I have a doctor’s appointment this afternoon. In the scheme of things not exactly news considering the disease I struggle with. Heck, I have more doctor’s appointments then most cancer patients. I know my doctor’s intimately, I usually know what they are going to ask and for most of them exactly what we are going to talk about before I even walk in to the door.
But I noticed something this morning; the morning of (or possibly the day before) I play a little game with myself. I sit myself inside the doctor’s office and I imagine the doctors are asking me questions. And I answer them. This wouldn’t be incredible except for one major difference, I don’t answer the doctor in my imagination in any way that could be recognized to the actual answer I give them. In other words, in my head I tend to answer the truth, but in the real world that is my life I would never answer in a way that could possibly make my disease more pronounced.
I know myself well enough that I have a great distrust of telling anyone about my disease. My coworkers don’t know, many of my friends don’t know, heck, I don’t even talk about it to my close love ones; my children certainly don’t know. But there are doctors in this world that know about my disease and I can’t even bring myself enough to trust them with the true details of my life. And before you announce that I need to be able to trust my doctors, know this…I don’t trust anyone. So changing doctors isn’t going to change my answers.
I am not lying to my doctors, and when I need something different or there is a problem I am pretty good of talking about that problem in a way that no one gets alarmed. If I need new meds, I don’t have a problem stating that I am having issues with the ones that I am on, but I never, ever go into detail on why. I keep the struggles, the paths of truth, and the darkness deep inside myself. The cool thing about the meds is that sometimes, for very brief moments, I can convince myself that I am actually okay. It’s not true, and usually when reality hits it is a deeper cut because I denied myself the truth…but that is for another day.
But why can’t I just tell someone the full truth. Why can’t I tell a doctor the truth? Because the truth is I am terrified of that dark hole that a doctor can legally, and quickly put me into. Many of you might not know about the hole, and while I could possibly send you some movies or book quotes, it won’t truly describe the place I am talking about.
My biggest fear has institutional colored walls, bars on the windows and the residents of the building wear cotton nightgowns even during daylight. Meals, exercise, daylight, night, is all on a schedule not determined by my own needs but what someone else has determined are my needs. Food is nutritious, if not very satisfying; and cravings are ignored for the good of the whole. Sunlight only appears on a schedule, and the freedom of open doors is closed. A mental hospital for me is a very lonely and very scary place. It is a place I have to retreat to when no one else wants to deal with me, when I am so alone in the world that people have to schedule when they can talk to me. I may be sick, but I am not so disfigured that being forced to accept my own company is preferable to the company of my own will.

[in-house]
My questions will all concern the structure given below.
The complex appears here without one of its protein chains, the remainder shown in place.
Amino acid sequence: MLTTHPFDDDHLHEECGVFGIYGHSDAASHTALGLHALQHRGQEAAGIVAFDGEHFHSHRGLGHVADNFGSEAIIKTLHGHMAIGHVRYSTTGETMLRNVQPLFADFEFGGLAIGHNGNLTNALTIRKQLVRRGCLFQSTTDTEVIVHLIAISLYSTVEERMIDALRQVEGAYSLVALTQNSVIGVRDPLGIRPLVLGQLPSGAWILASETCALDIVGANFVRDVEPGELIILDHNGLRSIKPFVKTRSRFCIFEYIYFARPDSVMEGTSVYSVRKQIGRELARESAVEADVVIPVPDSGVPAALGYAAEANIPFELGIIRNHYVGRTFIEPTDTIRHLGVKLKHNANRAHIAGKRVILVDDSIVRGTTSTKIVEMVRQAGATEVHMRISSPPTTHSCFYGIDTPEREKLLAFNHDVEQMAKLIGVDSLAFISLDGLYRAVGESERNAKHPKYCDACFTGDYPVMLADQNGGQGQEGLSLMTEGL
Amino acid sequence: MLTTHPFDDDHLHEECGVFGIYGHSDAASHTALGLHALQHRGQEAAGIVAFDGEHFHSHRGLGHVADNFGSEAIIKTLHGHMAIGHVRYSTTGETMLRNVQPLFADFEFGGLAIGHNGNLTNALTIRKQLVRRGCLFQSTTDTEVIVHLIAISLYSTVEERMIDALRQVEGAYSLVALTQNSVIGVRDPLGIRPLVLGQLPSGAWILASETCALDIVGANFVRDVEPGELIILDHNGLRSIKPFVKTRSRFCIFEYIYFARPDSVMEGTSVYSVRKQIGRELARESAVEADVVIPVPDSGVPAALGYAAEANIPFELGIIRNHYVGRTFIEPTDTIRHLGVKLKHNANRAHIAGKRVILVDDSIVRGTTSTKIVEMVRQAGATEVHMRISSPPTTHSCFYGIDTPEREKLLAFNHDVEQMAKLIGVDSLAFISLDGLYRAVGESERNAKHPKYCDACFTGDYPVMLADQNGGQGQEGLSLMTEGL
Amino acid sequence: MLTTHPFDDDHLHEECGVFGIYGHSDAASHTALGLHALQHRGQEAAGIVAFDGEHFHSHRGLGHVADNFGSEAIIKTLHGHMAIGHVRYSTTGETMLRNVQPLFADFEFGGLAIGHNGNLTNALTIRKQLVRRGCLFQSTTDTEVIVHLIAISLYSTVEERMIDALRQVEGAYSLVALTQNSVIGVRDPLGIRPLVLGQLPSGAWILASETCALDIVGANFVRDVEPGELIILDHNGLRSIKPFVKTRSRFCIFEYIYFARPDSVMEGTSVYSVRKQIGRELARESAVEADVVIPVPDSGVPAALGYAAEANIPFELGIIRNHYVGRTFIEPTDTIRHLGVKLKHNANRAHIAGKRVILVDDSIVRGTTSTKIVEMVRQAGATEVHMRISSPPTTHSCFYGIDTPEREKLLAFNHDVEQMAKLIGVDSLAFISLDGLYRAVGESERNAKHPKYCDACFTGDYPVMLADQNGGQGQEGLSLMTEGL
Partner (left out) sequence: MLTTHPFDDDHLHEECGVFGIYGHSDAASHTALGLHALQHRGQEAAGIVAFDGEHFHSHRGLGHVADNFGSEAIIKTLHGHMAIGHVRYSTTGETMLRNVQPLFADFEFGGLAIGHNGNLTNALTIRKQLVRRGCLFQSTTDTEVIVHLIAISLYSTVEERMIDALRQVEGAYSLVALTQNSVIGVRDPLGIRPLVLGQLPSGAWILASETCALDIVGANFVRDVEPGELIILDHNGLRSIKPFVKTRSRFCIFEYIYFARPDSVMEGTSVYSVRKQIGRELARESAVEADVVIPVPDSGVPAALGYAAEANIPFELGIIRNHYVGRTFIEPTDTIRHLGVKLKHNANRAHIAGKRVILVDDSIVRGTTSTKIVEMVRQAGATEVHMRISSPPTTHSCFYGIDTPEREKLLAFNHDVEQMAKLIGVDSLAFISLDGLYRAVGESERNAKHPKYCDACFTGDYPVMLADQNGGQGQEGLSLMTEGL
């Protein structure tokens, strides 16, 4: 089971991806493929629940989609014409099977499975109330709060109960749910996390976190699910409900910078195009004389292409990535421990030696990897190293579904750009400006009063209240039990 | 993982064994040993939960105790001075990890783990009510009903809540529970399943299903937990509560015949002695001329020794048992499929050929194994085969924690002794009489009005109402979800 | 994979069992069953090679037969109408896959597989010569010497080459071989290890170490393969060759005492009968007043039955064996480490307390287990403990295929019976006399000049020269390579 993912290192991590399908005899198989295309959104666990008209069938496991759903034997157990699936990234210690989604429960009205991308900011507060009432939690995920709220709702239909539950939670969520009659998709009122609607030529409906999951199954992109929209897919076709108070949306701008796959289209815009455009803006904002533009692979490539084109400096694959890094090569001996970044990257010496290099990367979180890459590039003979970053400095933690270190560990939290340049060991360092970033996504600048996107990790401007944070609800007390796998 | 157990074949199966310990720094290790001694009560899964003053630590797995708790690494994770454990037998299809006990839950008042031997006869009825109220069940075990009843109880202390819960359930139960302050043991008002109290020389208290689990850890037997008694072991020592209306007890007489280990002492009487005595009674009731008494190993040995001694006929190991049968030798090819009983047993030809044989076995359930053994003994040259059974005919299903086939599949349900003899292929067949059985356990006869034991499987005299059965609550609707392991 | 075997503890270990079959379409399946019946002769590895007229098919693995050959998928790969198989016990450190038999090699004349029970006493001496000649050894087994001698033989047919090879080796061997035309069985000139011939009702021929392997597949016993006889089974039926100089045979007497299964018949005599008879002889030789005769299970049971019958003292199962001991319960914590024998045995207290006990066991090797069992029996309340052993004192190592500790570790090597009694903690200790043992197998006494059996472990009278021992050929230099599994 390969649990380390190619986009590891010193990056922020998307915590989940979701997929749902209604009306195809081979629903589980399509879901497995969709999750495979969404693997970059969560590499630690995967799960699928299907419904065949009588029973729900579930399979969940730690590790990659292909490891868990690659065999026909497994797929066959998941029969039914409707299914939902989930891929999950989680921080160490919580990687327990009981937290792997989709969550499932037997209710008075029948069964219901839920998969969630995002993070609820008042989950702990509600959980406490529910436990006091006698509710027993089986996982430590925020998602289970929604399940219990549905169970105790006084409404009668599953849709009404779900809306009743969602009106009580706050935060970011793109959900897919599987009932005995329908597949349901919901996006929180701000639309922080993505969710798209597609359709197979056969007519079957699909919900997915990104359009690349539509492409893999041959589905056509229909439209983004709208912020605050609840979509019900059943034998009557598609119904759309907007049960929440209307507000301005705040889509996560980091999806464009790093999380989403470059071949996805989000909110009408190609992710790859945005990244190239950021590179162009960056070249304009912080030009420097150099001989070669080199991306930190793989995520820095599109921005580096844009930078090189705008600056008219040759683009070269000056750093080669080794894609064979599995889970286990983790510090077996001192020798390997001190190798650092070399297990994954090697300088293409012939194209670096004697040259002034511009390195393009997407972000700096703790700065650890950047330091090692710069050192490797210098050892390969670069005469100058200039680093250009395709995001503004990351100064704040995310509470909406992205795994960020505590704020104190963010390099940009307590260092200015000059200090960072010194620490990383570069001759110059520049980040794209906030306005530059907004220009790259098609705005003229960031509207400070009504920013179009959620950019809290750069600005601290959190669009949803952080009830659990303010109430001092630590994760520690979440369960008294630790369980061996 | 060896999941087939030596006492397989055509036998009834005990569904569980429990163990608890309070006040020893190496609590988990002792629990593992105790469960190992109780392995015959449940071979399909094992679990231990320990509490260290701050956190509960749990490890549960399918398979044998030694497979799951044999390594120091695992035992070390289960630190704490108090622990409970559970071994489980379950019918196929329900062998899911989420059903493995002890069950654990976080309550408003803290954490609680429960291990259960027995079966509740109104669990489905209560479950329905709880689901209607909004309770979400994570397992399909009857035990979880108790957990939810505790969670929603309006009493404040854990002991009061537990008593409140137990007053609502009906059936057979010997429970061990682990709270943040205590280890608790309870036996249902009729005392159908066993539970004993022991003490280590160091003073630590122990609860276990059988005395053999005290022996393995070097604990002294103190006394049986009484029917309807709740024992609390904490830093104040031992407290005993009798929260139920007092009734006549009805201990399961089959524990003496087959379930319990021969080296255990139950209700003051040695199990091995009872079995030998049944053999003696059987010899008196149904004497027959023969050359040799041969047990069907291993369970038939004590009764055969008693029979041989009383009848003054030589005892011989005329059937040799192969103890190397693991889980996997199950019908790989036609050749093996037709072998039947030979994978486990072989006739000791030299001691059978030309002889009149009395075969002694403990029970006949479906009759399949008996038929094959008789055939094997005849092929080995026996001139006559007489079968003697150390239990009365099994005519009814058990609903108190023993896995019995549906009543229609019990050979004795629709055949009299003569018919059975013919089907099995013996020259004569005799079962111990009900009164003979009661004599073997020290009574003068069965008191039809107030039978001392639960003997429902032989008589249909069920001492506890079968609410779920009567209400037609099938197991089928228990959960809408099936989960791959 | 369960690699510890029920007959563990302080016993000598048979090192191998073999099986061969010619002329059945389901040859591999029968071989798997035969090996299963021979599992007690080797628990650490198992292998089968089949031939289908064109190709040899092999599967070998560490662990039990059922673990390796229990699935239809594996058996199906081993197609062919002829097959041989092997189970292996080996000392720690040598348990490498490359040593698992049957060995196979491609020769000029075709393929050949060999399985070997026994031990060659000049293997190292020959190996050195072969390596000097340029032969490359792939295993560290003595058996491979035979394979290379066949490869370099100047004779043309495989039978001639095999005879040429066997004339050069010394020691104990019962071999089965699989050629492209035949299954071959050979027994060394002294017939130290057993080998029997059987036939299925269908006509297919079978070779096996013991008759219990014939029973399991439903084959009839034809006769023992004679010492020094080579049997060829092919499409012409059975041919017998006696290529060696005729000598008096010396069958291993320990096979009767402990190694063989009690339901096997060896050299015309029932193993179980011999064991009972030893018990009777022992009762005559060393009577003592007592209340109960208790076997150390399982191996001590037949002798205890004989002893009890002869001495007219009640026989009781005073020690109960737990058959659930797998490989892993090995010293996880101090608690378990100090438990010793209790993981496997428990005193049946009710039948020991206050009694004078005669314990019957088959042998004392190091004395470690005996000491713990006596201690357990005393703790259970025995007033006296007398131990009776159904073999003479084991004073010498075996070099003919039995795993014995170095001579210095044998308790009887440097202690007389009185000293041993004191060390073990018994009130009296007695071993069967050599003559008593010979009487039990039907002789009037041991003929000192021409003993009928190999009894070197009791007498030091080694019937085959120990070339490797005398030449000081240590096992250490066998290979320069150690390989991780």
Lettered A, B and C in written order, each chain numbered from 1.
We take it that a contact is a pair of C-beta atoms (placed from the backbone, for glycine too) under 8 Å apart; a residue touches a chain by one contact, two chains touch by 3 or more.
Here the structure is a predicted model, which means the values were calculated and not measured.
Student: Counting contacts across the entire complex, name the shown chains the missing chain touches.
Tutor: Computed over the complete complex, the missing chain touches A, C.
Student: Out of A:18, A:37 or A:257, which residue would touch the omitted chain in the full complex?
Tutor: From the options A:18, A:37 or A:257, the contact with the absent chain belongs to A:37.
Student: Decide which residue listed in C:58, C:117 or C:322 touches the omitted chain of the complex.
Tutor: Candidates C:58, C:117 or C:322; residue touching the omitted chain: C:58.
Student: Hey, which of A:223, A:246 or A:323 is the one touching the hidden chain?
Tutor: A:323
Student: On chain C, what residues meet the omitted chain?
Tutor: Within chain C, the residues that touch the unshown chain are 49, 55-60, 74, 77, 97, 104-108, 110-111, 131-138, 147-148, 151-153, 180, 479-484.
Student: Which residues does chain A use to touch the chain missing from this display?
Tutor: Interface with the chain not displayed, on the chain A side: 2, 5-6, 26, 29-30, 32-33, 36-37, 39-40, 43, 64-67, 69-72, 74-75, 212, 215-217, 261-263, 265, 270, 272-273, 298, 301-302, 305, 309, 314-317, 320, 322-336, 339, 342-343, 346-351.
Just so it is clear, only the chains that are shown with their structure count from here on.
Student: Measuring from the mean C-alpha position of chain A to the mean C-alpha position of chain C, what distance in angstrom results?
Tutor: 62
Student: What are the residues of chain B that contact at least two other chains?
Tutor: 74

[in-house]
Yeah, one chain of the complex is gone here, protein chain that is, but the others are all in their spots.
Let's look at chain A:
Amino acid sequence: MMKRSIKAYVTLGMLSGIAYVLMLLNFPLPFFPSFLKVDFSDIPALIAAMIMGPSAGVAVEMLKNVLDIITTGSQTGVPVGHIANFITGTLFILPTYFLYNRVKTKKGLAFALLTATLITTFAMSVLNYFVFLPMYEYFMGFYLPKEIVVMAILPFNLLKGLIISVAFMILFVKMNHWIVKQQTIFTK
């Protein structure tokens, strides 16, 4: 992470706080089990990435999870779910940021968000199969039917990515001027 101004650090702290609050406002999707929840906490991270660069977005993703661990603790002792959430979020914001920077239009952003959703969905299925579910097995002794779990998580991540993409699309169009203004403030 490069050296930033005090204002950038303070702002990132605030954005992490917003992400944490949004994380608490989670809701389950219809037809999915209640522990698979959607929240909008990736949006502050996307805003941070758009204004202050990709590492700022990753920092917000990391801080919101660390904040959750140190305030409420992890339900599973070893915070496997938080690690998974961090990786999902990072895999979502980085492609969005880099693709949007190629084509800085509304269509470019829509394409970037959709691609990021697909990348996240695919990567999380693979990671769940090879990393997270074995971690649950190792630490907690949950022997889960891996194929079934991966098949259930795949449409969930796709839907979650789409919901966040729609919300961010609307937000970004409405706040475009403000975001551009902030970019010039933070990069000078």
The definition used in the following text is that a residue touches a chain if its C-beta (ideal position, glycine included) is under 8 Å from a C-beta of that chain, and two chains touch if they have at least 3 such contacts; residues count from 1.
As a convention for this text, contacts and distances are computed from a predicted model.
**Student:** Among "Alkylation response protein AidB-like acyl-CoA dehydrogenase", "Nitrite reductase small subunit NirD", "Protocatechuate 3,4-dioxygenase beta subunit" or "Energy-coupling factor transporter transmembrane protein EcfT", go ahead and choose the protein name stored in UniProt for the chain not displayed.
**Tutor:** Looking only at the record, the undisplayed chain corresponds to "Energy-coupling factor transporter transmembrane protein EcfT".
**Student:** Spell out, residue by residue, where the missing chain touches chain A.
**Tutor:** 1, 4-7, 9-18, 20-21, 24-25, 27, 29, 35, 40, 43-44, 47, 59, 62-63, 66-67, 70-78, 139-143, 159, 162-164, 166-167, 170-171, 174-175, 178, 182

So I lie to the doctors. I sugarcoat the answers so that they and everyone else listening never learn the truth. I say things are fine, when I really want to say something like this: It has been another roller coaster of a day. The nights are getting colder which gives me peace because I recognize the loneliness of winter. The days are scary, frightening, because I have to pretend to be okay everyday. I am not allowed a breakdown, or even a safe resting place, because the demons may over take all that I hold dear. I miss the quiet, I miss solitude, I miss finding my own way through this earth. I hate working because I have to be perfect, I hate running errands when there are so many people around. I want to be left alone, not miserable, but not responsible for all this world has given me. I just want a safe place to land, a safe place to lay my head and allow all that is coursing through my veins to run as free as those mustang along the grasses. And I don’t need that place to be permanent, but a nice place I can go to when I so desperately need it.
The truth is that I don’t trust anyone with the truth. The truth is that this disease is lonely and sometimes unforgiving. The truth is that a sugar-coated truth is better than a lie. And the truth is this is the way I survive. By keeping all that is my own truth deeply hidden within my own soul.